XFiles infostealer used the Follina vulnerability to infect targets

XFiles Infostealer Follina Vulnerability Infect Malware Targets

The infostealer malware dubbed XFiles has made its rounds of cybercriminal activities after researchers noticed that it had exploited the Follina critical flaw. Based on reports, the vulnerability (CVE-2022-30190) was abused by the malware operators to infect targeted devices with malicious payloads.

A cybersecurity solutions vendor has spotted the new infostealer malware that used Follina to download payload, run it, and acquire persistence on the targeted system.

The researchers claimed that the threat actors delivered the malware via spam email to the victims, including an OLE object that directs to an HTML file. The file is on an external resource, including JavaScript code, which exploits the vulnerability mentioned.

Moreover, if the target executes the codes, it will retrieve a base64-encoded string that contains PowerShell commands to develop persistence in the Windows startup directory and operate the malware.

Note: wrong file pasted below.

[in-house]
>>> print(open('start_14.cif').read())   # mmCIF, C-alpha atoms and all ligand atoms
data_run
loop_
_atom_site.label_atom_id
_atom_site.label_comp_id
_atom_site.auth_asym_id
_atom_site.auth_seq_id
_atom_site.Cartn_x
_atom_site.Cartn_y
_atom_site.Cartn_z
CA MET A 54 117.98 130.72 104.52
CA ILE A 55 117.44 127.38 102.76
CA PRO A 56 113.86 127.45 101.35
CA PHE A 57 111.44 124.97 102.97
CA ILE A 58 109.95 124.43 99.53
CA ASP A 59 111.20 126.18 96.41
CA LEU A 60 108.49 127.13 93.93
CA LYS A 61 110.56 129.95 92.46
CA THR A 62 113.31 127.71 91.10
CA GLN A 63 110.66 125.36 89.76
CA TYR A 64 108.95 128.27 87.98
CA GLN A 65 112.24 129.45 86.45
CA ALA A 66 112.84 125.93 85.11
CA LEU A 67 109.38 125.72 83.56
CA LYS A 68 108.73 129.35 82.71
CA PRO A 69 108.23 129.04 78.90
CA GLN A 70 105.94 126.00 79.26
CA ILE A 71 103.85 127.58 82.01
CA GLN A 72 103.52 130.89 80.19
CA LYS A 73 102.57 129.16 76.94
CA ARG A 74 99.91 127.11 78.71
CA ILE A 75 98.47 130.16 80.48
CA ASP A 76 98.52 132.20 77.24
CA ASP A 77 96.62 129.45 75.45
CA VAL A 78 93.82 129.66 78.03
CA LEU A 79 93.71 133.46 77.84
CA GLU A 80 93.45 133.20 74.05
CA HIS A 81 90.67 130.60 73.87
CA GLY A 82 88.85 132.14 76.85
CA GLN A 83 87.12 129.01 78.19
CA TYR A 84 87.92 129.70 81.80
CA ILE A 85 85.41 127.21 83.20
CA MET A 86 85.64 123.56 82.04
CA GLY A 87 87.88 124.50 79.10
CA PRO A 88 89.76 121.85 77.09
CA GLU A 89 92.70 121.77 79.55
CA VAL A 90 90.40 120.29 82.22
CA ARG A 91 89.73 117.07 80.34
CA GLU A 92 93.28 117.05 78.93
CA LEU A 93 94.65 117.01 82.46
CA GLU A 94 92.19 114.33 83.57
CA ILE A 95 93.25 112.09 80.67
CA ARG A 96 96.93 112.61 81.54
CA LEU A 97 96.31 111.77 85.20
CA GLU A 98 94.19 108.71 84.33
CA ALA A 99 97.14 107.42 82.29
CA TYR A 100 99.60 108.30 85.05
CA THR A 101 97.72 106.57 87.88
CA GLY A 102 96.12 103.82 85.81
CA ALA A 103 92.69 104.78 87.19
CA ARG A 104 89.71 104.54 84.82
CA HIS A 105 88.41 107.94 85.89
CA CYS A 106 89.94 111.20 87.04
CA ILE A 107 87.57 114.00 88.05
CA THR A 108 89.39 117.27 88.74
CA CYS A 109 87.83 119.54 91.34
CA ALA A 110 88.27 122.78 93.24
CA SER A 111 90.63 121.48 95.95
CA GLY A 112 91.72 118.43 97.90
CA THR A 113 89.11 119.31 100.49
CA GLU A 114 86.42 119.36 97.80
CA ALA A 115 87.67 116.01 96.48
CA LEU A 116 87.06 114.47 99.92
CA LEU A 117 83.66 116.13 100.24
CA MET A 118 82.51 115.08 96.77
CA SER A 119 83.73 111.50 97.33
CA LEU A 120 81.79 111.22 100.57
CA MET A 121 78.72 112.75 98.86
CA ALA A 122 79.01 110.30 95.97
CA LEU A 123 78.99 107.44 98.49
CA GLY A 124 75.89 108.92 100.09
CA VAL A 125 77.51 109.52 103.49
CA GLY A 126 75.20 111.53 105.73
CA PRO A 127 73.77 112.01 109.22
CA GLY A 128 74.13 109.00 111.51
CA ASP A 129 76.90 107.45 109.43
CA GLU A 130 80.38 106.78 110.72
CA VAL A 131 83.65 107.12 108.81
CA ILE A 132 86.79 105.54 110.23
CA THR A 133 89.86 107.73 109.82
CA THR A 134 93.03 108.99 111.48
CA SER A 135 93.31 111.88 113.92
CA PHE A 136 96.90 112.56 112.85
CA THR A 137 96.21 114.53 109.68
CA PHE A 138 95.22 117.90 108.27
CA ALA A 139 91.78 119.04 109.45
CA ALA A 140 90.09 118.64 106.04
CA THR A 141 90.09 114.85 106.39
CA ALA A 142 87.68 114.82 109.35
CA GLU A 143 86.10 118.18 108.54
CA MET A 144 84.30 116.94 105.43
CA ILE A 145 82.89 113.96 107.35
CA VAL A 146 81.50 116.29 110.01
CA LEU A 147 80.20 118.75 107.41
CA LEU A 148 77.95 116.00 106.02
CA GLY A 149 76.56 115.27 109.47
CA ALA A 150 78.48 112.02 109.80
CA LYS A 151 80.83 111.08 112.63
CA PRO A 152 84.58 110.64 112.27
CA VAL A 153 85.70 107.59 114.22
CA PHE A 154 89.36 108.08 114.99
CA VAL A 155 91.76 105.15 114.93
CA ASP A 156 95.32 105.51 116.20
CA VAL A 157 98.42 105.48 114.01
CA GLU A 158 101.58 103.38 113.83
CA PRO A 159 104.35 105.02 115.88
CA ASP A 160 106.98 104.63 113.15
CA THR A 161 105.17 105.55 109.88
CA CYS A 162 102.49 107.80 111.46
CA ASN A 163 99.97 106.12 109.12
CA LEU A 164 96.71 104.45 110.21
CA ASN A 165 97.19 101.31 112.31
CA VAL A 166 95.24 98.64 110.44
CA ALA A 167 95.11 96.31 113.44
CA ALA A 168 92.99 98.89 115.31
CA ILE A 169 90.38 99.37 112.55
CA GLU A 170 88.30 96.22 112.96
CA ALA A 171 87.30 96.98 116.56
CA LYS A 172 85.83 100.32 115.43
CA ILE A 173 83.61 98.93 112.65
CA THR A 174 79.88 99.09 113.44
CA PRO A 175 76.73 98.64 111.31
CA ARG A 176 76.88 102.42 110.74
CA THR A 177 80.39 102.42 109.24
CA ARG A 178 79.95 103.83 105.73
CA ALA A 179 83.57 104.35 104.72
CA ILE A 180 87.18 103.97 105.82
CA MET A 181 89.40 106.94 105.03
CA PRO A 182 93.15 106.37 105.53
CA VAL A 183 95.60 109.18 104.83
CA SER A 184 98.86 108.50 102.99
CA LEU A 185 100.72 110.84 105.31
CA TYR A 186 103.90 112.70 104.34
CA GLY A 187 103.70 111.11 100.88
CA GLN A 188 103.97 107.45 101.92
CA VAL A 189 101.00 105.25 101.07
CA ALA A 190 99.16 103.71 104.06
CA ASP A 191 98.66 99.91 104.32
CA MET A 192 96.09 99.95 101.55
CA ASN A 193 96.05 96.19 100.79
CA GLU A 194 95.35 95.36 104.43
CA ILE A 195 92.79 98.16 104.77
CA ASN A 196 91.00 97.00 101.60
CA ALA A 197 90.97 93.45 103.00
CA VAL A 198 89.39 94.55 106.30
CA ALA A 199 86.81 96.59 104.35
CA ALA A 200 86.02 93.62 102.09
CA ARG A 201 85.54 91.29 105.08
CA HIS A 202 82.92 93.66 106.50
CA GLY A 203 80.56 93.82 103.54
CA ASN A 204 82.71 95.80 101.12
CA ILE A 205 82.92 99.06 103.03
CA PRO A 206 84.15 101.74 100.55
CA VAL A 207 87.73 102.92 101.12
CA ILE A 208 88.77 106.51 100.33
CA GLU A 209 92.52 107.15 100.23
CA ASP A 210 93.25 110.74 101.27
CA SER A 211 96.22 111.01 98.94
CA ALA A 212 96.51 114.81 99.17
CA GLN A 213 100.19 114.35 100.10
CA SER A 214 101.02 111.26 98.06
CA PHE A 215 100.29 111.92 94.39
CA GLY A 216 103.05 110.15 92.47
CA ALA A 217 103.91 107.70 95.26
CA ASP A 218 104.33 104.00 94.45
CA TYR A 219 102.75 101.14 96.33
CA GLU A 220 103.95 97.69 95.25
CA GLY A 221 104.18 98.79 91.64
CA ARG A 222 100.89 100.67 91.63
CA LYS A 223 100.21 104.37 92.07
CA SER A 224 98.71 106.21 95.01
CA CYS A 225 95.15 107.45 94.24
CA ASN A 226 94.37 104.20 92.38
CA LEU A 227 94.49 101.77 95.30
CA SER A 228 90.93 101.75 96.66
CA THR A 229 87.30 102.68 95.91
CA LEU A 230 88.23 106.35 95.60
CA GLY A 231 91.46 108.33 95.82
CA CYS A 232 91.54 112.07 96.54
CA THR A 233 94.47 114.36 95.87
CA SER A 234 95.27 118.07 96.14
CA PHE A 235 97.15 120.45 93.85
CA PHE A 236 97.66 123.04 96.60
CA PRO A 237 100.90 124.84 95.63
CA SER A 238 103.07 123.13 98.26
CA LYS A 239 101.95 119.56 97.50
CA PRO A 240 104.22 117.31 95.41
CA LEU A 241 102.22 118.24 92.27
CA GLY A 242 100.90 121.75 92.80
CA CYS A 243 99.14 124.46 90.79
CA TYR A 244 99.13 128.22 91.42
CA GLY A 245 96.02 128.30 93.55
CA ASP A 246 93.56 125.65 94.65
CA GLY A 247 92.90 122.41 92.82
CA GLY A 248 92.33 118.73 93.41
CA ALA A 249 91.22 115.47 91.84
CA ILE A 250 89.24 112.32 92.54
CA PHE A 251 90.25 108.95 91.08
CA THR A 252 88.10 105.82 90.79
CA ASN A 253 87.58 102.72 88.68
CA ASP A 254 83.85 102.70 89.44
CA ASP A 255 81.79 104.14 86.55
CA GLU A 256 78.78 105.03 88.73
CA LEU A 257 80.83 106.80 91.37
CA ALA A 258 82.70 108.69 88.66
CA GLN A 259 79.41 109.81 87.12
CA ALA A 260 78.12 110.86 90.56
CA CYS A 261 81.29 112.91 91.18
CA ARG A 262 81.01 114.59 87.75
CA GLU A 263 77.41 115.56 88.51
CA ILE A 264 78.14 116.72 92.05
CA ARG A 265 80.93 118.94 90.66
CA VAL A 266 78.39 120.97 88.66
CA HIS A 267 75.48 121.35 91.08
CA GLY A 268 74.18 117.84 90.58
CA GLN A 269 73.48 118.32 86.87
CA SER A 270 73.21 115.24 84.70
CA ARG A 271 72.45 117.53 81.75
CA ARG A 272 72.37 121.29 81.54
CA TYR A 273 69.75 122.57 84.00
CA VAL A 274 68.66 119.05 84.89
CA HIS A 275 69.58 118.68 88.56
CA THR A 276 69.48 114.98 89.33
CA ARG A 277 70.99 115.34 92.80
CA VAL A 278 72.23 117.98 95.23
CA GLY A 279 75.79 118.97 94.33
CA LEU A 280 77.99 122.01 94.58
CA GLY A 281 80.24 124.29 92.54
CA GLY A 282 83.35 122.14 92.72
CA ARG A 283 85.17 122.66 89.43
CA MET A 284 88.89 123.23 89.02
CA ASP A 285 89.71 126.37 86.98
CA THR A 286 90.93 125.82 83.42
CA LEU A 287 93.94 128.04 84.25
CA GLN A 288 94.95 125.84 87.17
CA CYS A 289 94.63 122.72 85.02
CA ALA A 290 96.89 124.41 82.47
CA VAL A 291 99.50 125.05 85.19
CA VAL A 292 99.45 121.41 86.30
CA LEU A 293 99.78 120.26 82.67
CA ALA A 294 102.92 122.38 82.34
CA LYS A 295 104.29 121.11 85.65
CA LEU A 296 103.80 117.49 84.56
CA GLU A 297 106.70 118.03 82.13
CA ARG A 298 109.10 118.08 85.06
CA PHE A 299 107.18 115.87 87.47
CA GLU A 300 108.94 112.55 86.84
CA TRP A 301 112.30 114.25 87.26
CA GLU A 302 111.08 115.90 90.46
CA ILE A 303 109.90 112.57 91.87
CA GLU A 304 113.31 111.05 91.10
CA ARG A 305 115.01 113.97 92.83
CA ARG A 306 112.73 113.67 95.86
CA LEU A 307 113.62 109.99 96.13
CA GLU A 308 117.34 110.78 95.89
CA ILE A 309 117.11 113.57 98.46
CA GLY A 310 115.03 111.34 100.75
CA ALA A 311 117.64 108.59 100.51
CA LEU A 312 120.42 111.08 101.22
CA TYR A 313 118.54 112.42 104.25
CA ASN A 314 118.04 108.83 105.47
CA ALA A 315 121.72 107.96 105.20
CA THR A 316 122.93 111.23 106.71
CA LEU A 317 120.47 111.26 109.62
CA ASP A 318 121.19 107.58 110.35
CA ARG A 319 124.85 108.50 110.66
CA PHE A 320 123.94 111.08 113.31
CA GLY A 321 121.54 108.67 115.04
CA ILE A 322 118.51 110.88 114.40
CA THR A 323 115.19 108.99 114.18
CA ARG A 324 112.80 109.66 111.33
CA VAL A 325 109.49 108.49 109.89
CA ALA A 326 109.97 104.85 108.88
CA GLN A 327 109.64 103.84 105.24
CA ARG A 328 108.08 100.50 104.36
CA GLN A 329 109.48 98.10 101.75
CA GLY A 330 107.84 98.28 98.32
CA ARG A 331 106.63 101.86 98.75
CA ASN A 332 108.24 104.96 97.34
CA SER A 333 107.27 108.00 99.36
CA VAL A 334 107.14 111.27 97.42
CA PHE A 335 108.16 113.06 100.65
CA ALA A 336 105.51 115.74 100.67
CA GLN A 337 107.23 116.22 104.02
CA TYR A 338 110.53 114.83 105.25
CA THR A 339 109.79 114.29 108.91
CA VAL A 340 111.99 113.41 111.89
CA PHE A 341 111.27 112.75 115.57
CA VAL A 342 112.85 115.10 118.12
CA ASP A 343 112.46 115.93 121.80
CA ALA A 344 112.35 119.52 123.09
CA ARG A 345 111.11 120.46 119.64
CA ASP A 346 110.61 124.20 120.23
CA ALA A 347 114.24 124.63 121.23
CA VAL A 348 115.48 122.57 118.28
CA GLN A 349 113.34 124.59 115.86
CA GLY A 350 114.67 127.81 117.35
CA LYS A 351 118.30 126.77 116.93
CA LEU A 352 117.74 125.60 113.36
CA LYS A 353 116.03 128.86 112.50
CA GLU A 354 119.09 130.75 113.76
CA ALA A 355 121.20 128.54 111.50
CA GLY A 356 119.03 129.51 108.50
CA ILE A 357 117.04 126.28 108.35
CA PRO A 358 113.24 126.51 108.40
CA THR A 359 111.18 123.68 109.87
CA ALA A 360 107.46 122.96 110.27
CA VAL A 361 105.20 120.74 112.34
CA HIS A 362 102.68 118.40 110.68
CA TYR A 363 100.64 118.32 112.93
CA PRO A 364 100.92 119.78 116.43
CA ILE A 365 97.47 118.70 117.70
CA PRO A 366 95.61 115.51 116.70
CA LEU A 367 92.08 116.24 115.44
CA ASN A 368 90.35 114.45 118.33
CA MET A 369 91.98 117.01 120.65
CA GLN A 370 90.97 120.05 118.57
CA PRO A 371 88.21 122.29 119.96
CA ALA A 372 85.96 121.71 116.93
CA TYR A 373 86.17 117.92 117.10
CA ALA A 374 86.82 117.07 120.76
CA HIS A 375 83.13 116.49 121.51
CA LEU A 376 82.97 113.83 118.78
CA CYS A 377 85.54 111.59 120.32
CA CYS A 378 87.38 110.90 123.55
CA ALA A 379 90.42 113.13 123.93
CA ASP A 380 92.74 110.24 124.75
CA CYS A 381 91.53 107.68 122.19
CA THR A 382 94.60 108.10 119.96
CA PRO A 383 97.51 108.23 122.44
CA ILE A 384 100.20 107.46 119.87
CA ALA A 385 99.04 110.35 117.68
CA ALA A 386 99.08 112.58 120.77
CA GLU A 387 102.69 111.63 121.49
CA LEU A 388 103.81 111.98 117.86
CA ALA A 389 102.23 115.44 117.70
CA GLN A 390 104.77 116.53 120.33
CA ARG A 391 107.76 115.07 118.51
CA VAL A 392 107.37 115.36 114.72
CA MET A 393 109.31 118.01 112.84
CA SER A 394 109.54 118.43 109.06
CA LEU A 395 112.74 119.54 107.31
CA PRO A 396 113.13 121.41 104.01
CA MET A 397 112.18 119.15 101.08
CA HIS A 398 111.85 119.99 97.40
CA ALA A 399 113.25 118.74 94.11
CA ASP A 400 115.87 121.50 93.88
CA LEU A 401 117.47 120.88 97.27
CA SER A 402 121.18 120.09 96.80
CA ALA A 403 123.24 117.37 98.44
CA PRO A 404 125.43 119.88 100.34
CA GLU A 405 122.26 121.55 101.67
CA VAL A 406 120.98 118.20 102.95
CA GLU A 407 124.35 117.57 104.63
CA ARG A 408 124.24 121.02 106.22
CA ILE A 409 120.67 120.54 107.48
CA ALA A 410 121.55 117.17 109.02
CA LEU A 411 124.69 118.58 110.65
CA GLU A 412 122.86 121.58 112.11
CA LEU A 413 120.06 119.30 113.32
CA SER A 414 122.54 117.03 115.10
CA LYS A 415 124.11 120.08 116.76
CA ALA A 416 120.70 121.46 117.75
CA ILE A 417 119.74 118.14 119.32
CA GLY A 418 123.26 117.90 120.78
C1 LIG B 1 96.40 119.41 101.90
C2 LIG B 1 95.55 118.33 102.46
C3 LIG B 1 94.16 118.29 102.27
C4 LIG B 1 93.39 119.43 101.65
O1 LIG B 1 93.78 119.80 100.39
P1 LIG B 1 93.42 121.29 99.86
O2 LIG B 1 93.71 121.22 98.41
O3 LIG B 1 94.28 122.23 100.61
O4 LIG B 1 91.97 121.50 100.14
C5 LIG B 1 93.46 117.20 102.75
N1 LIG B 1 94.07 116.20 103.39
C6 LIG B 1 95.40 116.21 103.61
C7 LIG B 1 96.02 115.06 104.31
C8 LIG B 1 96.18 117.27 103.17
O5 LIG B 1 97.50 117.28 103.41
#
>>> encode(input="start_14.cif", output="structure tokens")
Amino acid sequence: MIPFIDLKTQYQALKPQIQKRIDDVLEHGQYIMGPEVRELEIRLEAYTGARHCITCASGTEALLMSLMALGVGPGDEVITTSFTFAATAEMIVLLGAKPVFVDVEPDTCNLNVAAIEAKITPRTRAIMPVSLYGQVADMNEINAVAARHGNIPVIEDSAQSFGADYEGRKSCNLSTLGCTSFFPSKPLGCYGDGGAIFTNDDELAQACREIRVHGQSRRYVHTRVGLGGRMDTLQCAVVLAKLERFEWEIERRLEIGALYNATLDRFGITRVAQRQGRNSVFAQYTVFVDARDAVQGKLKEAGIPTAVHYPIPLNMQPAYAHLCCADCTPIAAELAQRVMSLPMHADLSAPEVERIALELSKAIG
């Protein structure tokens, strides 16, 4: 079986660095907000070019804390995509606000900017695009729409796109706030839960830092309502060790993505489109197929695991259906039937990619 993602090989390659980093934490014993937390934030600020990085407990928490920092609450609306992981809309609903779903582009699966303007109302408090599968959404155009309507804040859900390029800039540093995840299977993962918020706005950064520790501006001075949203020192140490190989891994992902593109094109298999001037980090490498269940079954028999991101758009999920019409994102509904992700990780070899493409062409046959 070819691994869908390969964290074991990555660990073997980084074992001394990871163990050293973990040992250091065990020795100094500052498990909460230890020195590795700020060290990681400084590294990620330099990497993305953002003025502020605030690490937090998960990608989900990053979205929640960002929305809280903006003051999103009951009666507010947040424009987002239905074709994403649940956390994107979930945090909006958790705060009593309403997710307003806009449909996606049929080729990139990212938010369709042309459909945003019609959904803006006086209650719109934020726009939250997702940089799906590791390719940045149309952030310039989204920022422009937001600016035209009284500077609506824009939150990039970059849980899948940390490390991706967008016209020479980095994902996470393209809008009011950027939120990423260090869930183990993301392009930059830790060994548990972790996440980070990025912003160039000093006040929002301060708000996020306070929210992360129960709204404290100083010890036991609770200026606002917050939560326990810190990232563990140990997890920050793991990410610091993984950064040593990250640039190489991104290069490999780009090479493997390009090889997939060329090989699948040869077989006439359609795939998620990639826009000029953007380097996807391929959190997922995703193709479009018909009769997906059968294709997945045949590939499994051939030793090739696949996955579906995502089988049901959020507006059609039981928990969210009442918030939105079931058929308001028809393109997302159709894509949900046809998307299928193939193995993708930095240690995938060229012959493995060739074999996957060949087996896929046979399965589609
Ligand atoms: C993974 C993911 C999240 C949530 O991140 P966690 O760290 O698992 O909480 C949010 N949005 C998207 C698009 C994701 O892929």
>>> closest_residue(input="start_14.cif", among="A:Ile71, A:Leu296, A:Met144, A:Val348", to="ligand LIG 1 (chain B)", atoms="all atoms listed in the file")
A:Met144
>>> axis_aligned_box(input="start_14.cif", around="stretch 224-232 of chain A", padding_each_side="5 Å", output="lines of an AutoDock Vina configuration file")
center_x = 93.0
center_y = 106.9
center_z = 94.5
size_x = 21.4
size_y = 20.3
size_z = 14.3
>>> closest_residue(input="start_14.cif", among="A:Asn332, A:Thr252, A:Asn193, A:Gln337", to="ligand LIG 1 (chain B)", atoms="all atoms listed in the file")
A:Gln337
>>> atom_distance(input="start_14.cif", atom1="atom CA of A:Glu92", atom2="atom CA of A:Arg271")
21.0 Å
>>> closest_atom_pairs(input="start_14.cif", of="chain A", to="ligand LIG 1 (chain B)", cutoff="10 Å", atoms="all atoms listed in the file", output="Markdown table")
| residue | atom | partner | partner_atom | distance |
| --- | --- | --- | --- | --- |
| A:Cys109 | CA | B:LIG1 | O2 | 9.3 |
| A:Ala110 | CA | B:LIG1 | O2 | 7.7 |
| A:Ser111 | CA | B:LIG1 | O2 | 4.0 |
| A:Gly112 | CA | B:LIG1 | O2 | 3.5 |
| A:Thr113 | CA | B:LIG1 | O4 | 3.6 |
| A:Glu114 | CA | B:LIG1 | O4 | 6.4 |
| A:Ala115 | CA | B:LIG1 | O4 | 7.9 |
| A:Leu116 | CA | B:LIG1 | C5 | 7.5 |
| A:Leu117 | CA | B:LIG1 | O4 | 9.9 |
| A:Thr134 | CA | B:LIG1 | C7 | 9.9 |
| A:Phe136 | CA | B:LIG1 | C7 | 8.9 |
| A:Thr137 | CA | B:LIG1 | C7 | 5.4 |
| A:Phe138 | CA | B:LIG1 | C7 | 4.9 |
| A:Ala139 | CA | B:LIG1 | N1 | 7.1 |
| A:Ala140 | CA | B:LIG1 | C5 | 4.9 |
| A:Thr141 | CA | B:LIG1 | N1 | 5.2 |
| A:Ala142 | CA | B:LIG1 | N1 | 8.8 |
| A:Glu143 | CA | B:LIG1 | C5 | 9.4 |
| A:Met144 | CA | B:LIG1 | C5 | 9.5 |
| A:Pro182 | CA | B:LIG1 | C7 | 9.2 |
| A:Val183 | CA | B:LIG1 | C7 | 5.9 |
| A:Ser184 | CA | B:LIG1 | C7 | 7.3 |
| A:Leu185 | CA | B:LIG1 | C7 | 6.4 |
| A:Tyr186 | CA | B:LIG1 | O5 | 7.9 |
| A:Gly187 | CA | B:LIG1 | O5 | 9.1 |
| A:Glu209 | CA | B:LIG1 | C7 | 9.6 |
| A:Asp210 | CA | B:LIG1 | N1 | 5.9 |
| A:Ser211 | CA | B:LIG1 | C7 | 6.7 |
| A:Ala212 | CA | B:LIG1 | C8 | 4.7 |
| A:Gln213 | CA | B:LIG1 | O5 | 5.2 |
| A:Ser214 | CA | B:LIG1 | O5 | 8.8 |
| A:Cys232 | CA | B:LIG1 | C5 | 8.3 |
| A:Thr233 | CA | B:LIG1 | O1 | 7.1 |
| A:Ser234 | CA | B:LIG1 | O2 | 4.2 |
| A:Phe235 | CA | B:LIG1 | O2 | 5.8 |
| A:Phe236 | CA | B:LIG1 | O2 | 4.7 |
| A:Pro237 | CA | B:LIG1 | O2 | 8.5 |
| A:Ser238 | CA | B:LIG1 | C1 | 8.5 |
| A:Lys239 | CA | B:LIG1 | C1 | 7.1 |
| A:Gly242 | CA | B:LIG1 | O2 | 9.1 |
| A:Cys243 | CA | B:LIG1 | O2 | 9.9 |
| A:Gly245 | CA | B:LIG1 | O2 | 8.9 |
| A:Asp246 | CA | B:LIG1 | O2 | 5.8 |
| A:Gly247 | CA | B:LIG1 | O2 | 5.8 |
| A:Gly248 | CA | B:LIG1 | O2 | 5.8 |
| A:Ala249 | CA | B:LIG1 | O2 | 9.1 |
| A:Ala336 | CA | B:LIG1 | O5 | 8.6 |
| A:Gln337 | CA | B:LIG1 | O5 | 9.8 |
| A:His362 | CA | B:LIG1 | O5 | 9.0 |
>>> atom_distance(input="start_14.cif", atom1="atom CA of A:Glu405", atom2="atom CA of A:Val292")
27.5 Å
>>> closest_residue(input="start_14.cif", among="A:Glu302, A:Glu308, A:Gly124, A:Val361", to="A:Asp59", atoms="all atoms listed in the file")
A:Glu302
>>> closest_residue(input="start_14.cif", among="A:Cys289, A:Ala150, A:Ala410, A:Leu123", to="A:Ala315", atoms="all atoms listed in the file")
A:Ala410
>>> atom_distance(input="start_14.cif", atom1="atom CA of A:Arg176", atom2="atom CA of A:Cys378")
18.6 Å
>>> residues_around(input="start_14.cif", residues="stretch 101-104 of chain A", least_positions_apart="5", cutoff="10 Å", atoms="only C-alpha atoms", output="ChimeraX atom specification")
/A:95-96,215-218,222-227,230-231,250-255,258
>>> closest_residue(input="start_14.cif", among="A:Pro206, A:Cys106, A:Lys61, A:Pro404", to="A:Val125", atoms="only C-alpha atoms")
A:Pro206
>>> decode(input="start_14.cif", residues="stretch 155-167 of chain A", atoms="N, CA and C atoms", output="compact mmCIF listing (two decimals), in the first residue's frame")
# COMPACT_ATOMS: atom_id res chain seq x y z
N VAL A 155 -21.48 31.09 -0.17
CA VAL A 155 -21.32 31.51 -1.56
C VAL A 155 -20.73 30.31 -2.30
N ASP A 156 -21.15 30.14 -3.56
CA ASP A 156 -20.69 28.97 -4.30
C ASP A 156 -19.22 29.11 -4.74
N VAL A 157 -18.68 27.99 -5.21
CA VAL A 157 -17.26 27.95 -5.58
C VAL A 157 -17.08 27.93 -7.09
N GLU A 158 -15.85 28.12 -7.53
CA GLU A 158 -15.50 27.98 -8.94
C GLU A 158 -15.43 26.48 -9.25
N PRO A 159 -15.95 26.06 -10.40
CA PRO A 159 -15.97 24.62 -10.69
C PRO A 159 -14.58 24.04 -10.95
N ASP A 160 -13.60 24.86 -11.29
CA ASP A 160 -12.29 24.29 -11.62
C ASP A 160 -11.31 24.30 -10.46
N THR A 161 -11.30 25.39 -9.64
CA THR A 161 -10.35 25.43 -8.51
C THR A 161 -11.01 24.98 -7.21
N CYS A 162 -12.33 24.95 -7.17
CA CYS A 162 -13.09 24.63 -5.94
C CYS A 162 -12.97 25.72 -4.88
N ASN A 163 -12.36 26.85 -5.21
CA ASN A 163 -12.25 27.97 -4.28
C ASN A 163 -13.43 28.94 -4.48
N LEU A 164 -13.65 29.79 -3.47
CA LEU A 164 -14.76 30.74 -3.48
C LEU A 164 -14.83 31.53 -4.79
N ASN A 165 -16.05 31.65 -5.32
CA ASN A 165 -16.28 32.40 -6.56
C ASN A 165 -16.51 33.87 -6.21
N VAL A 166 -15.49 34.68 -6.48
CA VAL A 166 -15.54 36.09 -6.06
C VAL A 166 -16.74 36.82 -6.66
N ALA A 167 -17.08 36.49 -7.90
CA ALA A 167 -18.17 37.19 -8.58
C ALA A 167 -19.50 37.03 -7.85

Subsequently, the second-stage module has an AES decryption key with a hardcoded encrypted shellcode. The module was tracked by the researchers as ChimLacUpdate[.]exe. An API will then call and decrypt the code, executing it in the same operating process.

XFiles will then start a typical infostealer malware operation after the infection process. The infostealer will then execute the standard procedures of an information stealer, such as harvesting passwords, cookies, saved history, crypto wallets, screenshotting, and checking for Telegram and Discord credentials.

The files will then be stored locally in newly designed directories before transferring via Telegram.

 

Researchers noted that the XFiles infostealer has been expanding continuously since its operators have recruited new members for their upcoming projects.

 

The most recent campaign launched by the XFiles operator was called Punisher malware. The mining tool in their attack costs nearly $10, which is identical to how much the operators charges for one month of renting the malware.

Cybersecurity experts are concerned about the rapid growth of this new threat since the gang is actively recruiting exceptional individuals that can help them improve their malware. Currently, the group is finding success in every attack because the Follina exploit is up for grabs by any threat actor.

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